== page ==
In June 1992, at the Earth Summit in Rio de Janeiro, 167 nations ratified the U. N. Framework Convention on Climate Change. One of the documents (the “Rio Declaration”) stressed that one nation can no longer do anything it wants with its environment without regard to the impact on other countries. The “Climate Convention” treaty established a goal to stabilize (at 1990 levels) carbon dioxide and other greenhouse gases emissions by the year 2000. However, this agreement was voluntary and developed nations failed to attain the emission restrictions. In fact, U. S. CO2 emissions grew more quickly than anticipated due to economic growth, lower energy prices, and slower gains in energy efficiency and renewable energy technology penetration into the marketplace.
In December 1997, another international conference on the environment was held in Kyoto, Japan. (See Focus On 1.3, the Kyoto Protocol on Climate Change.) The nations developed a protocol that aimed to cut emissions of greenhouse gases by developed countries by 5% from their 1990 levels by the year 2010. However, the Kyoto Protocol did not set any binding limits on emissions from developing countries. Partly due to this, the U. S. Senate has not ratified this treaty. By 2005, enough countries (141) had ratified this protocol that it went into effect. In 2012, the commitment period for this protocol ends.
A climate change conference in 2010 in Can cun made no agreement to extend the Kyoto limits to advanced developing nations. There was progress, however, on granting technical and financial assistance to poorer countries in making emission reductions.
The political consequences of a global temperature rise of several degrees and the accompanying
F CUS ON 9.2 "YOU CAN’T GO BACK TO KANSAS ANYMORE"—CHINESE CONSUMERS AND GLOBAL WARMING
hina became the world’s largest emitter of greenhouse gases in 2007.
I mpacts of global warming have been discussed at top levels of the central government for years—with concerns over rising sea levels, desertification, and extreme weather incidences. Changes in water availability and rising temperatures could lead to severe decreases in agricultural output. China is a vast country with very diverse regions that will be affected differently Several government – sponsored approaches to this situation involve improved industrial energy efficiencies, higher fuel-economy requirements for its vast automobile market, and more emphasis on renewables and nuclear power: One goal is to have 15% of its electrical energy coming from renewables by 2020. In the past several years, hundreds of older coal-fired power plants have been closed. China is also the world’s largest manufacturer of wind turbines and solar cells. China has also agreed to an international effort to phase out incandescent light bulbs by 2020.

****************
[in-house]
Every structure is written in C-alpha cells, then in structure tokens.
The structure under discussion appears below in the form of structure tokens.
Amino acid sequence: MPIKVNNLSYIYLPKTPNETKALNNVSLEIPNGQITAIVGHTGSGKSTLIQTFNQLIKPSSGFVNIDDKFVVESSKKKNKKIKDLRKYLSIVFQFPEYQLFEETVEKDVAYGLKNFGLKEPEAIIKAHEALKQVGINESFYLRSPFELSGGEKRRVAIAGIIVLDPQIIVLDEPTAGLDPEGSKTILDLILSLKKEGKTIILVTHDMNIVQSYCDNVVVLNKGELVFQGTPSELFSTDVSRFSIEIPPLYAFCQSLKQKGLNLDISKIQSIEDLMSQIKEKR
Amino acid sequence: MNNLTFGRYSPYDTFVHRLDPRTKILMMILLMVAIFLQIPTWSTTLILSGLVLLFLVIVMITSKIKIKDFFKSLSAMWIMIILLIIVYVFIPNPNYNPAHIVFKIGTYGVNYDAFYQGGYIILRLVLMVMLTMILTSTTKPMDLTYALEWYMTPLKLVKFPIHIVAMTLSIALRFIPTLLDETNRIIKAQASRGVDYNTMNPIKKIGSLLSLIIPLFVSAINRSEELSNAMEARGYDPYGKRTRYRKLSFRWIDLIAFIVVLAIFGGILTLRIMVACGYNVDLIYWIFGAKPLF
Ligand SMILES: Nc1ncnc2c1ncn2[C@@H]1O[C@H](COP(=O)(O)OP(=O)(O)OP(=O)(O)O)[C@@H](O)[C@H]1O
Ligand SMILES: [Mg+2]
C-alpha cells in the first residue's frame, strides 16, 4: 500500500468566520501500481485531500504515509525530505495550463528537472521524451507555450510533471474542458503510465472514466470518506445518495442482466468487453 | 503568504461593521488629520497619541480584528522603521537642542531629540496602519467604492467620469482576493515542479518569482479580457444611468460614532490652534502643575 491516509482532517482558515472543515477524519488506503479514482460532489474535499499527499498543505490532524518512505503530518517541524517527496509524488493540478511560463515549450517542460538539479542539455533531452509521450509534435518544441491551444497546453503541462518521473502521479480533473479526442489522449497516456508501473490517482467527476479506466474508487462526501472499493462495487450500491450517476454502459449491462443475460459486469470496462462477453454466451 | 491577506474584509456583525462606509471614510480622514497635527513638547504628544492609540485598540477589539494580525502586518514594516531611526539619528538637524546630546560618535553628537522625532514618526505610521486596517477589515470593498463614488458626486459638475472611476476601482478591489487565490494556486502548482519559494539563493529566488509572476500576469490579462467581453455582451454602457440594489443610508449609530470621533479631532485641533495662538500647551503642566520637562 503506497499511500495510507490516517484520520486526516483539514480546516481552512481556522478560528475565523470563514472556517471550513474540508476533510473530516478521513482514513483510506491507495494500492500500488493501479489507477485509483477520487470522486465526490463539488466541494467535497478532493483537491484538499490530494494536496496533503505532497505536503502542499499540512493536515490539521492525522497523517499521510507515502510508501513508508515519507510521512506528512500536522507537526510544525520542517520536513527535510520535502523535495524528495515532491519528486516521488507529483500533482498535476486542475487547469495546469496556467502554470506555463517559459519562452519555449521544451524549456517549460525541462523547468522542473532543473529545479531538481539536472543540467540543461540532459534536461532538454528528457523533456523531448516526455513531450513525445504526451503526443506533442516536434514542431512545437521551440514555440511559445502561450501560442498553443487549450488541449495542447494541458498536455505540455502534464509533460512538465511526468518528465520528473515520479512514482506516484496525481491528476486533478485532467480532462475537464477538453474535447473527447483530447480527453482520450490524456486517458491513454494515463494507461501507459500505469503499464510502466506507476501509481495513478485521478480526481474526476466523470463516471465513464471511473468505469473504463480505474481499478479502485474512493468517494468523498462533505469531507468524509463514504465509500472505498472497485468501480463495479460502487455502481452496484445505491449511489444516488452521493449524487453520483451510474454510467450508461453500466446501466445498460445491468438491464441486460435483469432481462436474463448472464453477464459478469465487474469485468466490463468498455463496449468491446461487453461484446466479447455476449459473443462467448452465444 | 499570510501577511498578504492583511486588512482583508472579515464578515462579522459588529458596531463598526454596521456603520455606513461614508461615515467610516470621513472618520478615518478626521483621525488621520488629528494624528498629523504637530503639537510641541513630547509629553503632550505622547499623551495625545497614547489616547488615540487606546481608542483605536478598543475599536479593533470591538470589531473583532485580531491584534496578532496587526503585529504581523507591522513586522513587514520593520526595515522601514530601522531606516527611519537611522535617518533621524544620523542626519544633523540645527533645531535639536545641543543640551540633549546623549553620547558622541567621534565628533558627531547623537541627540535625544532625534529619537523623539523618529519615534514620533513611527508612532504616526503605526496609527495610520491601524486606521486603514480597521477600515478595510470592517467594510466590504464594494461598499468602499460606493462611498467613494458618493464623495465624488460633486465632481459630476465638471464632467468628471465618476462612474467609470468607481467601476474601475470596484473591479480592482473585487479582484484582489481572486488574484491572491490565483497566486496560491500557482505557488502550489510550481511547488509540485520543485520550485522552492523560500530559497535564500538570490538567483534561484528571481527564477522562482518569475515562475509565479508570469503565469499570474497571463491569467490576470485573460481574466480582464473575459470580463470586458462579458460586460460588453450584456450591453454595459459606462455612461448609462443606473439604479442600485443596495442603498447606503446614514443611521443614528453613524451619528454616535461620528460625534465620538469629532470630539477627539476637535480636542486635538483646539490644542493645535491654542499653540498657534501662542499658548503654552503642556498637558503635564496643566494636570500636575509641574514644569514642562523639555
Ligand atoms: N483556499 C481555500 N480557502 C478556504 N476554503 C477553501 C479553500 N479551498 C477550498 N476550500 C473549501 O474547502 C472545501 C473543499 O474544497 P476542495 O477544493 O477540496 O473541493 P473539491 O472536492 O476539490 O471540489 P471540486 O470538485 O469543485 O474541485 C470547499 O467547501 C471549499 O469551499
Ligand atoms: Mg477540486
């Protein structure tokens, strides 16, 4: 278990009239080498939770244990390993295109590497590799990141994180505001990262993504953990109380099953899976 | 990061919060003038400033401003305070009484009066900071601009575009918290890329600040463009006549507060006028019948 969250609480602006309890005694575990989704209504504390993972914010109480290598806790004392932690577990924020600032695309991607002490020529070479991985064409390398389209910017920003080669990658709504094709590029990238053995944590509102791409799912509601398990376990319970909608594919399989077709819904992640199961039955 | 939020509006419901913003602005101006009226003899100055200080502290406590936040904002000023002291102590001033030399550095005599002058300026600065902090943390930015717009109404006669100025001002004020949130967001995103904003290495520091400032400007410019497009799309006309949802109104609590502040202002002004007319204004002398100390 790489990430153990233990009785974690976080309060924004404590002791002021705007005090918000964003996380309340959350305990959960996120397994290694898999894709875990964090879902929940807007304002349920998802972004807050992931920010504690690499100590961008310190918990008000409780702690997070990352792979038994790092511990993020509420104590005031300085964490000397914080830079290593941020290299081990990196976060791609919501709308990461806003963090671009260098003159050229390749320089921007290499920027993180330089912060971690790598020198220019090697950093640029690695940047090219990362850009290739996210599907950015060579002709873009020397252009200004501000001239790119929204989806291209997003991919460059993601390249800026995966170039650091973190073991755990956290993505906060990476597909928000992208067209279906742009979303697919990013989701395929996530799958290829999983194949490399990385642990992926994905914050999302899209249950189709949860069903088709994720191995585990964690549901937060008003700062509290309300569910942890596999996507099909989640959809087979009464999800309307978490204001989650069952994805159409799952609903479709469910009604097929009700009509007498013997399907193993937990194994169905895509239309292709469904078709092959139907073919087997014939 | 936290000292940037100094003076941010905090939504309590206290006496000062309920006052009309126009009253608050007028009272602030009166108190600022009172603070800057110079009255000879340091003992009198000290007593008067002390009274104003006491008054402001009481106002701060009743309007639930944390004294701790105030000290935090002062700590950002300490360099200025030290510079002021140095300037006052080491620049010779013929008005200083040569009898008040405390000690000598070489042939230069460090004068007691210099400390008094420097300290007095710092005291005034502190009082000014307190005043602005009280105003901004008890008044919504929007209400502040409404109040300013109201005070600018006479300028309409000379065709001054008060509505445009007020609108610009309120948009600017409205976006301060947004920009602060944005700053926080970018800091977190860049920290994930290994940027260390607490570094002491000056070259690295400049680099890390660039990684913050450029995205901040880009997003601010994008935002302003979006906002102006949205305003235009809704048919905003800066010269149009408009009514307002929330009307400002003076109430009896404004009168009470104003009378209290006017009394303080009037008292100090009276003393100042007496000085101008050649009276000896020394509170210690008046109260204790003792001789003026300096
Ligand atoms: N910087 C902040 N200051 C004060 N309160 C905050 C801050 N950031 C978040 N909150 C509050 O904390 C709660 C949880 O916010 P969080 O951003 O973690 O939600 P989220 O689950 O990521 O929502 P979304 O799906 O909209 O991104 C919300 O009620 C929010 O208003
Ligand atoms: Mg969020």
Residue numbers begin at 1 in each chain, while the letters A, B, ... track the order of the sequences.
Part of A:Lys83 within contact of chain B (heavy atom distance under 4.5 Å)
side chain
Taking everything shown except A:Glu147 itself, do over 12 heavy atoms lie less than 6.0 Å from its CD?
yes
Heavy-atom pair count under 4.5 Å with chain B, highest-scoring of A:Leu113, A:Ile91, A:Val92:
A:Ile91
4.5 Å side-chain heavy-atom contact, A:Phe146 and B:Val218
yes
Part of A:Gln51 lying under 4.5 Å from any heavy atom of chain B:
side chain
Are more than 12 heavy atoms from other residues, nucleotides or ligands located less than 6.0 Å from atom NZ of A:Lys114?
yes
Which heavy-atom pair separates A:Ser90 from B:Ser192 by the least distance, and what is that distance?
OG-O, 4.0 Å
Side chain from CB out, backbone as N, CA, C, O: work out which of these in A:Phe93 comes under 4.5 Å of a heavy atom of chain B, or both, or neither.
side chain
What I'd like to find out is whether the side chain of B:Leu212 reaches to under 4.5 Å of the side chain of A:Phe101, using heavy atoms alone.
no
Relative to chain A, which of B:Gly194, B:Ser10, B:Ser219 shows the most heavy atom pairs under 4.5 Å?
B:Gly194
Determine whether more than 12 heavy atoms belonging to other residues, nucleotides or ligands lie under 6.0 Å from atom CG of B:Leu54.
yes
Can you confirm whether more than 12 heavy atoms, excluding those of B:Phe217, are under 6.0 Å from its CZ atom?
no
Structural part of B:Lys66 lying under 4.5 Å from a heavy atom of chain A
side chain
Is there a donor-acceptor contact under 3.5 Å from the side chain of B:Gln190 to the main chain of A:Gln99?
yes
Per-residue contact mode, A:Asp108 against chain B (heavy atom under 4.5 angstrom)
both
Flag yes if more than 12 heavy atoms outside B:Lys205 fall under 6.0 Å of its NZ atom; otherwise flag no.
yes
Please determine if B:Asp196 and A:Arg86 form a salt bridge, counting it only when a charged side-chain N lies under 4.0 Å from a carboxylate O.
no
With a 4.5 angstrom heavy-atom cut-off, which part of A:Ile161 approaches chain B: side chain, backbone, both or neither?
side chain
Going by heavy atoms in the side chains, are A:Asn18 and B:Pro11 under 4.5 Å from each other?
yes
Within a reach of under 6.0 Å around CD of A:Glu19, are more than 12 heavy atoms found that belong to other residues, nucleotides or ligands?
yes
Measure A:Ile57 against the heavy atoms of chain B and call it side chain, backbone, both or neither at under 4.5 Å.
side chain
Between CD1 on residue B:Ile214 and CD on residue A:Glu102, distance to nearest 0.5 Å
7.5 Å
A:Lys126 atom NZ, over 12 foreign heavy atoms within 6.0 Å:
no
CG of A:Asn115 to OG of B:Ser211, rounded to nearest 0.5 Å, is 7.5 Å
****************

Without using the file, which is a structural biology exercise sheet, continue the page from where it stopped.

However rising demand from a growing economy (GDP growth of about 9% per year) could offset most of these steps. Consumer calls are for bigger cars, more electric home appliances, and more creature comforts such as air-conditioned shopping malls and apartments with cooler temperatures. As a result, China is becoming even less energy efficient. As a country becomes more dependent on domestic demand instead of exports, growth moves away from manufacturing of toys and clothes toward energy-consuming heavy industries such as steel and cement production. And because most of the energy in China is produced by burning coal, China’s emissions of carbon dioxide are growing worse (see Fig. 9.11). Even with the steps China has taken, many project that China’s emissions of energy-related greenhouse gases will grow more than the rest of the worlds combined increases by 2020. China’s problem might grow to dominate the world’s problem.
Energy Production: People’s Republic of China
Figure 9.11 Energy use in China by fuel, in units of Million tons of oil equivalent, 1972-2008. (Source: © OECD/International Energy Agency 2010)
changes in regional climates and agricultural productivity can be unsettling. The atmosphere appears to be sensitive to even small chemical changes, so there is also the possibility of unwanted surprises occurring in shorter times than forecasters might envision. (How might we attribute the unusual [and deadly] outbreak of tornadoes [more than 1400] that swept across the southern United States in the spring of 2011?) Governments are held accountable on matters involving national security and the basic freedoms of its citizens. Should they also be aware of the environmental costs to a society that has the “freedom” to experiment with its own future?